We have a new paper out in Global Change Biology, the first spatial comparison of productivity and carbon cycling from our GEM plots in lowland Amazonia. The plots spread across five sites in Peru, Bolivia and Brazil, spanning gradients from wet to dry, and from infertile soils in eastern Amazonia to moderately fertile soils in western Amazonia.
The GEM approach gives us insights into the full carbon budget of forests, from total photosynthesis or GPP, through its allocation to NPP or plant respiration, through the allocation of NPP to canopy, wood or fine roots, and through to biomass stocks and mortality rates. In this paper we explore to what extent these processes are simply related to each other. Can growth rates of a forest be predicted from photosynthesis rates, can biomass be predicted from growth rates?
We show that there is little simple linkage between growth and photosynthesis, because shifts in carbon use efficiencieny (the fraction of photosynthesis used for biomass growth) and the allocation of NPP matter. There is also no simple linkage between growth rates and biomass - in mature forests in Amazonia the spatial patterns in biomass are determined more by the spatial variation in tree biomass residence times (or mortality rates) matters more than variation in production. To predict biomass, we need to understand why trees die more than how trees grow. This unfortunately is a much harder challenge.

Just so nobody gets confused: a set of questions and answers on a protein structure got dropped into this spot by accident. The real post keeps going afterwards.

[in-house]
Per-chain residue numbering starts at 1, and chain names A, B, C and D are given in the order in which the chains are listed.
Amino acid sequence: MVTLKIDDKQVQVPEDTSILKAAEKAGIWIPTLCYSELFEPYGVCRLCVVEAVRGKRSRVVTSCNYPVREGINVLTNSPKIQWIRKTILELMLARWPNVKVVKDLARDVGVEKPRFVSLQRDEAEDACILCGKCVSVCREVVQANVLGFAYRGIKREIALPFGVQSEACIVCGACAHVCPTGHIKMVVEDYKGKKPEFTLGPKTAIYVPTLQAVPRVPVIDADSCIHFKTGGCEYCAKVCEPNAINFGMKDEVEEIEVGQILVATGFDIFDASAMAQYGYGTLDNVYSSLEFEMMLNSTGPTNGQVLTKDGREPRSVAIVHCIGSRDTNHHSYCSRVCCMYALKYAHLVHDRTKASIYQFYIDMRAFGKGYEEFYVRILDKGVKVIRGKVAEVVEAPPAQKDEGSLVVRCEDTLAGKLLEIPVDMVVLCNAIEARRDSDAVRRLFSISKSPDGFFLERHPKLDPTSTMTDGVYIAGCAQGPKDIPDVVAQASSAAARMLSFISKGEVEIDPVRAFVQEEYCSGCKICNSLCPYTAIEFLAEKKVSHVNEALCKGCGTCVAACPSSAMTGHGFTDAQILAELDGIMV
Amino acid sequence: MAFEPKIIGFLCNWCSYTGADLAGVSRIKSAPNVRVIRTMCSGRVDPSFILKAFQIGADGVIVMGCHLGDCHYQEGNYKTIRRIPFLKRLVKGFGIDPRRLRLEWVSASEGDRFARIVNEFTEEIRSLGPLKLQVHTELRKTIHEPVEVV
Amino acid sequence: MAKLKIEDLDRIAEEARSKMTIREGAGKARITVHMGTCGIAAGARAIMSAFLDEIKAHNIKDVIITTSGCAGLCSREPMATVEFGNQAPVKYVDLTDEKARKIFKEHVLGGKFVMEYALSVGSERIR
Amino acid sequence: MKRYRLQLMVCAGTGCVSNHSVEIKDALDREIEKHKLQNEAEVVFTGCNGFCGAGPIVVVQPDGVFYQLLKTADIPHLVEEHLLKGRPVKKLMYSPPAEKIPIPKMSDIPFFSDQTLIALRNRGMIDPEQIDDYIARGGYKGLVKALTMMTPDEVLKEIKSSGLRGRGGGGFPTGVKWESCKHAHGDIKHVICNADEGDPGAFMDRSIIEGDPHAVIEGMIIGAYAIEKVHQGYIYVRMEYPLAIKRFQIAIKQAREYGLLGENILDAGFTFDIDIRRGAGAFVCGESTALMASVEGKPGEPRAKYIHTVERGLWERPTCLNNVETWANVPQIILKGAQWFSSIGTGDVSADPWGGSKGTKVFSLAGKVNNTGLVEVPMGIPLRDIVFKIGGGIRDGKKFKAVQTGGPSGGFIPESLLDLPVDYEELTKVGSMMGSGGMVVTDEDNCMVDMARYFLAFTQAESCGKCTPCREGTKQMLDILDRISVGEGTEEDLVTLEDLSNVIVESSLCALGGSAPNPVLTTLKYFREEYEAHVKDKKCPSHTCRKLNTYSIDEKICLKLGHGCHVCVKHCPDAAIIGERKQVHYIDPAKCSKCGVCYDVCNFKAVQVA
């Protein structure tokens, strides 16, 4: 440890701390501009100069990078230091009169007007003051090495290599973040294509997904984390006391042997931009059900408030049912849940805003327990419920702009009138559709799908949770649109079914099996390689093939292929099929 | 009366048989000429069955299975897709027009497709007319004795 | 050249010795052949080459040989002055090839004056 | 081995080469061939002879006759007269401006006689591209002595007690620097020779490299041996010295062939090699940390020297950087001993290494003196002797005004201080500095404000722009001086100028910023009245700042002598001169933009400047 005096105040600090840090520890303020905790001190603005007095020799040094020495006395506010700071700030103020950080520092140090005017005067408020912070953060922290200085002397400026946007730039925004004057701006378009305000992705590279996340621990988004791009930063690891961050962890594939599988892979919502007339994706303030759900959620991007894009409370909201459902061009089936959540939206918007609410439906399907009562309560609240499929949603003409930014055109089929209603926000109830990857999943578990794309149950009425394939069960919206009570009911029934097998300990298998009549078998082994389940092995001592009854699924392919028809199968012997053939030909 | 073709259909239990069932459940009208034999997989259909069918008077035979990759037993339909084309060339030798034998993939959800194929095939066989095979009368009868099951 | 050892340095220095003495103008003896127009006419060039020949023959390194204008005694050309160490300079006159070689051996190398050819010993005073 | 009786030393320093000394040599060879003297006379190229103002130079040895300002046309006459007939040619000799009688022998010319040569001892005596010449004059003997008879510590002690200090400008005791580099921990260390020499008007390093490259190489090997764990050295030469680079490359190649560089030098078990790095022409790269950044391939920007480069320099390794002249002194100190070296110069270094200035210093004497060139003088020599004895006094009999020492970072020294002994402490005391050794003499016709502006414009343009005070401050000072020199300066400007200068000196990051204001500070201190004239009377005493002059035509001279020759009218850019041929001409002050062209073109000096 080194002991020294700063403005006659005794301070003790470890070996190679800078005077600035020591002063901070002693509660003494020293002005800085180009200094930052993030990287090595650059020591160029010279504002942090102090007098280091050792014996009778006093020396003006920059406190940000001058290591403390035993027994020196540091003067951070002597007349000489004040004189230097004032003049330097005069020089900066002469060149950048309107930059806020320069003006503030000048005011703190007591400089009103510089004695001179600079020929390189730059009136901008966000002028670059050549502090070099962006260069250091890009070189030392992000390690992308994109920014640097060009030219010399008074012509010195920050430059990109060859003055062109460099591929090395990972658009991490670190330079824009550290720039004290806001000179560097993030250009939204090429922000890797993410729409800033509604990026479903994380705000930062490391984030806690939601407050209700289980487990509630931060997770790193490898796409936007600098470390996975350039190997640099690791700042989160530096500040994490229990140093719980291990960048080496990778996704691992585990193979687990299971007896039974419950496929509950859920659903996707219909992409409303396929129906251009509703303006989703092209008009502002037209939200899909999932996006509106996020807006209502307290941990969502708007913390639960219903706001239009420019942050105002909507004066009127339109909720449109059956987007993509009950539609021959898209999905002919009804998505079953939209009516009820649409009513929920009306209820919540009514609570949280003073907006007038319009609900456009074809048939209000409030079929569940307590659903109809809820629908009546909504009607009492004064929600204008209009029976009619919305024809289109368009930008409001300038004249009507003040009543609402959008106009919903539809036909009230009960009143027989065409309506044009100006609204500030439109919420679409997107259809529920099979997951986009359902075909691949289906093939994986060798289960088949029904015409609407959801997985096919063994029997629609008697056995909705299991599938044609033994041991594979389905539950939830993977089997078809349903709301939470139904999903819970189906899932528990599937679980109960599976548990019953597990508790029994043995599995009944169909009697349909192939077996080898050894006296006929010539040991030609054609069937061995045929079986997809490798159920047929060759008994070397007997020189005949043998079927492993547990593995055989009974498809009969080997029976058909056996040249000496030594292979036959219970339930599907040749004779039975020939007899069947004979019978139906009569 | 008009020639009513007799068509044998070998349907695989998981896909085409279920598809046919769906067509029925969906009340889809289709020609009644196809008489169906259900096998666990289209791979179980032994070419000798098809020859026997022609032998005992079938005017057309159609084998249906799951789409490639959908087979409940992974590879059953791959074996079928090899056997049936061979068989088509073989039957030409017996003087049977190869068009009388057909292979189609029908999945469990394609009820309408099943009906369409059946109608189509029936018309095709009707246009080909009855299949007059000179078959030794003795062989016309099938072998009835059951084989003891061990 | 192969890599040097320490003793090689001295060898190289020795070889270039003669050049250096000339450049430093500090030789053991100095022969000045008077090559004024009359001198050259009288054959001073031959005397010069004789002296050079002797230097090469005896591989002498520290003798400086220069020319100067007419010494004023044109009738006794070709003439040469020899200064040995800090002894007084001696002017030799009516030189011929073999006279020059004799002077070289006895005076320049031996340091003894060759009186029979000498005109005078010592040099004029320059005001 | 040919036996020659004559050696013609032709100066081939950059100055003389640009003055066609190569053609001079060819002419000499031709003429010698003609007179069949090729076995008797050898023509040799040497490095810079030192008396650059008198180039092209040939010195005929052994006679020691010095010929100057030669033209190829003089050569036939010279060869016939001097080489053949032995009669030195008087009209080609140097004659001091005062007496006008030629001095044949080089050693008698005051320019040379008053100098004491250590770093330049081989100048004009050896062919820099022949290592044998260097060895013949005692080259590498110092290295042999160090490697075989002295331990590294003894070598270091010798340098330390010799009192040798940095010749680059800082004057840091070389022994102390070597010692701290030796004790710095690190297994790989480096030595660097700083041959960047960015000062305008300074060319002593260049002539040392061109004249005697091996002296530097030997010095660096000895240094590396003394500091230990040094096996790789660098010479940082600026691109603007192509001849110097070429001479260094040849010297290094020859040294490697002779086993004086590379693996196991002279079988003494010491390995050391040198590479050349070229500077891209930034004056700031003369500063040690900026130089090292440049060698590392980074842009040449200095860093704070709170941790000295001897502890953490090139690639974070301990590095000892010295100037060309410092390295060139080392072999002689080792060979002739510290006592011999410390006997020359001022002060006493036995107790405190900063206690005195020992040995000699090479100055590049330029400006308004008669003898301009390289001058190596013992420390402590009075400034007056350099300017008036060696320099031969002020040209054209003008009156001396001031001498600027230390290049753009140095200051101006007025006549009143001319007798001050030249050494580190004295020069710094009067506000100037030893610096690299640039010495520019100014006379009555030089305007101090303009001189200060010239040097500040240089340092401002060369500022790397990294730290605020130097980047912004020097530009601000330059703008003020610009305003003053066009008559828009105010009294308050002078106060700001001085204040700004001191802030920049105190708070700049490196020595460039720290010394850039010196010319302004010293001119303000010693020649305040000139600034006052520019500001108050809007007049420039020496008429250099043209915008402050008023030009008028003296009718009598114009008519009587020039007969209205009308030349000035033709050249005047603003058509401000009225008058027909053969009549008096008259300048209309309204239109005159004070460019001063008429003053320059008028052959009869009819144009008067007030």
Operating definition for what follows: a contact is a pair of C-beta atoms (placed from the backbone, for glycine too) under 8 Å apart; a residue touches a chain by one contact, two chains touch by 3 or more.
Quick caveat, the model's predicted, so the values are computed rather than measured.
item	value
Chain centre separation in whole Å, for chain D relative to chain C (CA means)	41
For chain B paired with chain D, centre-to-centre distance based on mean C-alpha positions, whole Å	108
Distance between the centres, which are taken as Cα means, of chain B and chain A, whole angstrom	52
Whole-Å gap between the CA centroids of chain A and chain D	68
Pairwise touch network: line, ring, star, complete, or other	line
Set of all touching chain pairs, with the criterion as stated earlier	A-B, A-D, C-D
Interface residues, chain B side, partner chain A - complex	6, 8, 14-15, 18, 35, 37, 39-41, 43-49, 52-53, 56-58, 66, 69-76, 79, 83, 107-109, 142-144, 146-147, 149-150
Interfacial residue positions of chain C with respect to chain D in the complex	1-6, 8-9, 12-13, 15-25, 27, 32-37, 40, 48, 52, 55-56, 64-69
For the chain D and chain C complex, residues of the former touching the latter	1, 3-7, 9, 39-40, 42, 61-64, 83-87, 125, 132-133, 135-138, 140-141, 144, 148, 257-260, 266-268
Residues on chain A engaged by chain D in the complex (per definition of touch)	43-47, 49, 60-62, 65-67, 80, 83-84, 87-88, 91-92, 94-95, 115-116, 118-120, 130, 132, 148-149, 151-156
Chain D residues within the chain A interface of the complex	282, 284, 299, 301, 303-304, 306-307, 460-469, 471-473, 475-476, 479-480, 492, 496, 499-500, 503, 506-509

The paper represents a huge effort by GEM field teams in all three countries, who spent many weeks per month over four years collecting and processing data (and continue to do so). It was supported by the Gordon and Betty Moore Foundation, and also the EU project GEOCARBON. The paper can be accessed below.
Malhi Y., C. E. Doughty, G. R. Goldsmith, D. B. Metcalfe, C. A. J. Girardin, T. R. Marthews, J. del Aguila-Pasquel3, L. E. O. C. Aragão, A. Araujo-Murakami, P. Brando, A. C. L. da Costa, J. E. Silva-Espejo, F. Farfán Amézquita, D. R. Galbraith, C. A. Quesada, W. Rocha, N. Salinas-Revilla, D. Silvério, P. Meir and O. L. Phillips (2015) The linkages between photosynthesis, productivity, growth and biomass in lowland Amazonian forests. Global Change Biology, DOI: 10.1111/gcb.12859. Supplementary Information.
Yadvinder Malhi is an ecosytem ecologist and Professor of Ecosystem Science at Oxford University